Thanks to the Québec Skills Competition, I learned to trust myself. The experience helped me confirm that I was talented and had made the right choice
First Foray into the Job Market
Once she graduated in 2010, Jenifer preferred to find a job on her own rather than work with her father. She got the chance to explore different practical experiences in companies. “It is a physical job,” she says. “But when you’re working on a job site, while there are some tasks where I am at a disadvantage because I’m not as strong as a man, my size also allows me to work in tiny spaces, and my delicate hands are perfect for tasks that require being meticulous.
“In short, everyone works with what life has given them. I never let being a woman stop me.” What do clients and colleagues have to say? “Most of the time, I am well-received. Above all, clients want a competent electrician, whether they are male or female. With colleagues, you still have to put up with the same old sexist jokes. But I say you have to know how to dish it out too!” she replies with a smile.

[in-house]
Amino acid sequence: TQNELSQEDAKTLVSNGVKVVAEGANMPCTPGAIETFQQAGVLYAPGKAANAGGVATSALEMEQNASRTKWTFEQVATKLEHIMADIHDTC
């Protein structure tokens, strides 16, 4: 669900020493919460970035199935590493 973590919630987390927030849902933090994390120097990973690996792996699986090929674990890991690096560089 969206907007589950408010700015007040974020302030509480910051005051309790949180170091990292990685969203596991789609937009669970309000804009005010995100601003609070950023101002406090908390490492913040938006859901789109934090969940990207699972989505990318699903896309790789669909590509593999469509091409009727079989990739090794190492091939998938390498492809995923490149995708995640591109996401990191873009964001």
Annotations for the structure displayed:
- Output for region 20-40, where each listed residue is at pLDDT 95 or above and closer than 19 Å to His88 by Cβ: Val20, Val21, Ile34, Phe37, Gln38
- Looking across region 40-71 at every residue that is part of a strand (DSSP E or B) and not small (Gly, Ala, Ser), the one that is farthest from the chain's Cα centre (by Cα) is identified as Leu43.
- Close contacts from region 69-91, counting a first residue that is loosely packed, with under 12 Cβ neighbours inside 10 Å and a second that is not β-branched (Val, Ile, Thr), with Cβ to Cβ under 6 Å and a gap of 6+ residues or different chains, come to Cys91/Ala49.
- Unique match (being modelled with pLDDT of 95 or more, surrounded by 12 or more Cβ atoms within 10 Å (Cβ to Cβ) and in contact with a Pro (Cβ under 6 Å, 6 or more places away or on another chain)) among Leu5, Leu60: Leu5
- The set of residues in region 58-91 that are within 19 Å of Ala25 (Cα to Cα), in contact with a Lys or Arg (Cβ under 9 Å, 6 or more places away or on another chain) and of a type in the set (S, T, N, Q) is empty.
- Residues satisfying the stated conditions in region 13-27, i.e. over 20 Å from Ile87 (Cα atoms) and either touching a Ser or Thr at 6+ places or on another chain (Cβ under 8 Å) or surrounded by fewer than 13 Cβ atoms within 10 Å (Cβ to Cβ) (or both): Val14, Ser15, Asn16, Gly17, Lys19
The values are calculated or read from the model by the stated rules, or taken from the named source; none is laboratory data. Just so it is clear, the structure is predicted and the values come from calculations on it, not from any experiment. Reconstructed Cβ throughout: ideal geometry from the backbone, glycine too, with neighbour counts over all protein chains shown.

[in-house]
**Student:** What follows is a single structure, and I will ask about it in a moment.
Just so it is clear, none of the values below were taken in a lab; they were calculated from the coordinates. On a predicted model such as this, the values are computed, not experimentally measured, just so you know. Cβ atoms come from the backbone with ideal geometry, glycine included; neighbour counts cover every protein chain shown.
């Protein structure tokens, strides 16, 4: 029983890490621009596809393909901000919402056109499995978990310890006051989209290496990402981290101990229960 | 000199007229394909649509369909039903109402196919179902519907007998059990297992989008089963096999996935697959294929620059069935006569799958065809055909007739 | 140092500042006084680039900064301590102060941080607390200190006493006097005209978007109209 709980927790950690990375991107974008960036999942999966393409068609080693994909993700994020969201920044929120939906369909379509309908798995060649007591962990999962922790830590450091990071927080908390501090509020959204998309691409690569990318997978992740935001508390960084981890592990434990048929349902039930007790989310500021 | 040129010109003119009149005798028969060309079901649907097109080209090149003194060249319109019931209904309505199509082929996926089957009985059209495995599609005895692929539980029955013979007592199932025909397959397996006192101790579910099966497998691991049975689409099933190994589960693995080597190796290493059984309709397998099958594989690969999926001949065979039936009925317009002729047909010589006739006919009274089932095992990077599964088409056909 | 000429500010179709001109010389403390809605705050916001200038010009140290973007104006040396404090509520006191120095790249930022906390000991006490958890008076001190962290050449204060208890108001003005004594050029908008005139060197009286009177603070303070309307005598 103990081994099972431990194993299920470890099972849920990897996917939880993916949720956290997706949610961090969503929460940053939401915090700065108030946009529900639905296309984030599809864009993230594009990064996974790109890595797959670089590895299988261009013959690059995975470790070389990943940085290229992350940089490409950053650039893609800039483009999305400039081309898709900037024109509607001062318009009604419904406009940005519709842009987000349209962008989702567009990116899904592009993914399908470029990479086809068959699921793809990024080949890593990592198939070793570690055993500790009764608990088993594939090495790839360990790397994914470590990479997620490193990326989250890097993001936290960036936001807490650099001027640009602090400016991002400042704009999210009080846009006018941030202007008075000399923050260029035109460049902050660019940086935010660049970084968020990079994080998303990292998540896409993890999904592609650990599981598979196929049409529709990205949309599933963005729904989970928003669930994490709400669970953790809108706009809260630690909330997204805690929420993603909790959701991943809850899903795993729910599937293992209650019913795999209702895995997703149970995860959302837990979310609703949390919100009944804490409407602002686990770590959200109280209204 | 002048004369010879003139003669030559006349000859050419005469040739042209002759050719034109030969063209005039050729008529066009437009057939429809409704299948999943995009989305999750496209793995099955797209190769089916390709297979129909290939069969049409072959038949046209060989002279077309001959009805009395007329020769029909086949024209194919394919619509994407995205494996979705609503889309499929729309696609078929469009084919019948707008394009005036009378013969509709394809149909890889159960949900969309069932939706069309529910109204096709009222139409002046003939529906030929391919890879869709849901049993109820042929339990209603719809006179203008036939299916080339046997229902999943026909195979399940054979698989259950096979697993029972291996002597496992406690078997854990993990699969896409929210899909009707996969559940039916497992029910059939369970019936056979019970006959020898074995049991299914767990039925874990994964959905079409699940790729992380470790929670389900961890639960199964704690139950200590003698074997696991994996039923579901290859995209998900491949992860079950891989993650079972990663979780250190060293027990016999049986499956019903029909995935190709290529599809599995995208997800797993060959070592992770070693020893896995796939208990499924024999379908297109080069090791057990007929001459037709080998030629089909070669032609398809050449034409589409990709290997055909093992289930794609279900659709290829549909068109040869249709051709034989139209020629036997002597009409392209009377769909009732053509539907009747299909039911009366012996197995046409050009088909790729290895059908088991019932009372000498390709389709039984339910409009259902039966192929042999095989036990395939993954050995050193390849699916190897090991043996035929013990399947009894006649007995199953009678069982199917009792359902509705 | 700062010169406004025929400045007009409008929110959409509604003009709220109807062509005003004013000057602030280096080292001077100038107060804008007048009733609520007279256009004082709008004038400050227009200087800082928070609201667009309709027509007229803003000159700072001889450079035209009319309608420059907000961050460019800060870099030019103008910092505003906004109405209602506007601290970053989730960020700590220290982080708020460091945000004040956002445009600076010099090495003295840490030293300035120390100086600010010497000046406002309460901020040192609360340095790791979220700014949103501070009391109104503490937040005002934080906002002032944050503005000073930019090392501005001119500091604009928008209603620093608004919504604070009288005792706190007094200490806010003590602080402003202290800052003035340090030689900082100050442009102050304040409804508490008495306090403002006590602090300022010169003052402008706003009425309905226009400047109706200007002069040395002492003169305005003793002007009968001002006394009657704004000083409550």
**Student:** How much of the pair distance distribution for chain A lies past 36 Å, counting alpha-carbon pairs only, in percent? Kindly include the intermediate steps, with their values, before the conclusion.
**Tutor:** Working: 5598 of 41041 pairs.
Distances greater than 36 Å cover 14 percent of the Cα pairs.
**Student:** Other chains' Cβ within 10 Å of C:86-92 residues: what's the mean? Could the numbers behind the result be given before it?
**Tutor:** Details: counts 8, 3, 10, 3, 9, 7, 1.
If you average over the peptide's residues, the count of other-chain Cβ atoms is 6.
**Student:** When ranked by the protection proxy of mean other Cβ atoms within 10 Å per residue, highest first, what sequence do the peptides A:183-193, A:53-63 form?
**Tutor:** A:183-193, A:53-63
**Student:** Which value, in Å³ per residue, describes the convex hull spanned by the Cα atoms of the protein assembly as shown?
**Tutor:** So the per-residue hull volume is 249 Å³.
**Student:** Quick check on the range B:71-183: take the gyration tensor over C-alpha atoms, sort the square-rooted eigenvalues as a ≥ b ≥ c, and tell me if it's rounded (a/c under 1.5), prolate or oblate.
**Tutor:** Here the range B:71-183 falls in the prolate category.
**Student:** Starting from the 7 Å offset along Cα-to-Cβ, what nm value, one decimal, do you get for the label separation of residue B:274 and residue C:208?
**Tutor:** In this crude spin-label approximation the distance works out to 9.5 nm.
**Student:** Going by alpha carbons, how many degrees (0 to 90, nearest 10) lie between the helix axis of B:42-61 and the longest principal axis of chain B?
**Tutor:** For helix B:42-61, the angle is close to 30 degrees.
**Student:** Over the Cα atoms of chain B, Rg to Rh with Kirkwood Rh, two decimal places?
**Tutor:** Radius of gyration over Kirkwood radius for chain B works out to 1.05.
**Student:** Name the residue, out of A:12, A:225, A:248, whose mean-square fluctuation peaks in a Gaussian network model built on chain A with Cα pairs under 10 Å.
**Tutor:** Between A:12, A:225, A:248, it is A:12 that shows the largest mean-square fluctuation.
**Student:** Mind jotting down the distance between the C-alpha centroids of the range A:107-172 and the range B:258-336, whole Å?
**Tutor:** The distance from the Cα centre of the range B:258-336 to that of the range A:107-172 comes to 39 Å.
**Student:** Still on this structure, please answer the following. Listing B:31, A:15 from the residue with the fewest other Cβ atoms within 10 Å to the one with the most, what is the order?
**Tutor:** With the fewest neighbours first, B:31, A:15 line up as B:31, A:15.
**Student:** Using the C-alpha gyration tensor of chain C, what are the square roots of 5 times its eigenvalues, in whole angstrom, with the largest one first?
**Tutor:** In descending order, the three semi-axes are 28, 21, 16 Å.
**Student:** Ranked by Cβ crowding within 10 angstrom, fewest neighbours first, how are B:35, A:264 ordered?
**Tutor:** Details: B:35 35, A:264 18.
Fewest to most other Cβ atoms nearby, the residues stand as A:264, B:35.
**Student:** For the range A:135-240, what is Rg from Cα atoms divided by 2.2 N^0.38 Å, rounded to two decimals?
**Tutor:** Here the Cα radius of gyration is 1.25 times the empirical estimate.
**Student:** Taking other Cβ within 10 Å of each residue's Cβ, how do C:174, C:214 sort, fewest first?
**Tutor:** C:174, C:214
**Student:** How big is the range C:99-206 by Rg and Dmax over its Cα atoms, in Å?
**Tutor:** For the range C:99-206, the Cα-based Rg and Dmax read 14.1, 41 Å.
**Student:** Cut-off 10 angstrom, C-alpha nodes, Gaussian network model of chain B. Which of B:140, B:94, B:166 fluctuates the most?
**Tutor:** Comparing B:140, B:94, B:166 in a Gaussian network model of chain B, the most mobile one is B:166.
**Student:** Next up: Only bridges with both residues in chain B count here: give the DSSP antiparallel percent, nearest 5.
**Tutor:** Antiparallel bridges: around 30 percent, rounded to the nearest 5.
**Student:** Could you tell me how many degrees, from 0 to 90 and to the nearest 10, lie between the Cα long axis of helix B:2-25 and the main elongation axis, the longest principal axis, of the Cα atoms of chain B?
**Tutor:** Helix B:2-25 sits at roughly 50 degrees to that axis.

With colleagues, you still have to put up with the same old sexist jokes. But I say you have to know how to dish it out too!
As for clichés, Jenifer dispels them daily with the quality of her work. Her tiny waist, long platinum blond hair and manicured nails made her first employer doubt her, she recalls with a smile. “When I left the company, he admitted to me that he had judged me negatively at first and thought he had made a mistake by hiring me, but that I was a good employee and he did not want to see me go.”
Hearing her speak, being a woman in this trade poses (almost) no problem, except for the hours that make reconciling work and family life difficult. For Jenifer, efforts should focus on promoting access to the profession by raising awareness of these trades among young girls. “There should be talks where women who have chosen male-dominated trades can speak about their experiences, and open houses with only girls so that they can ask their questions without fear of being judged.”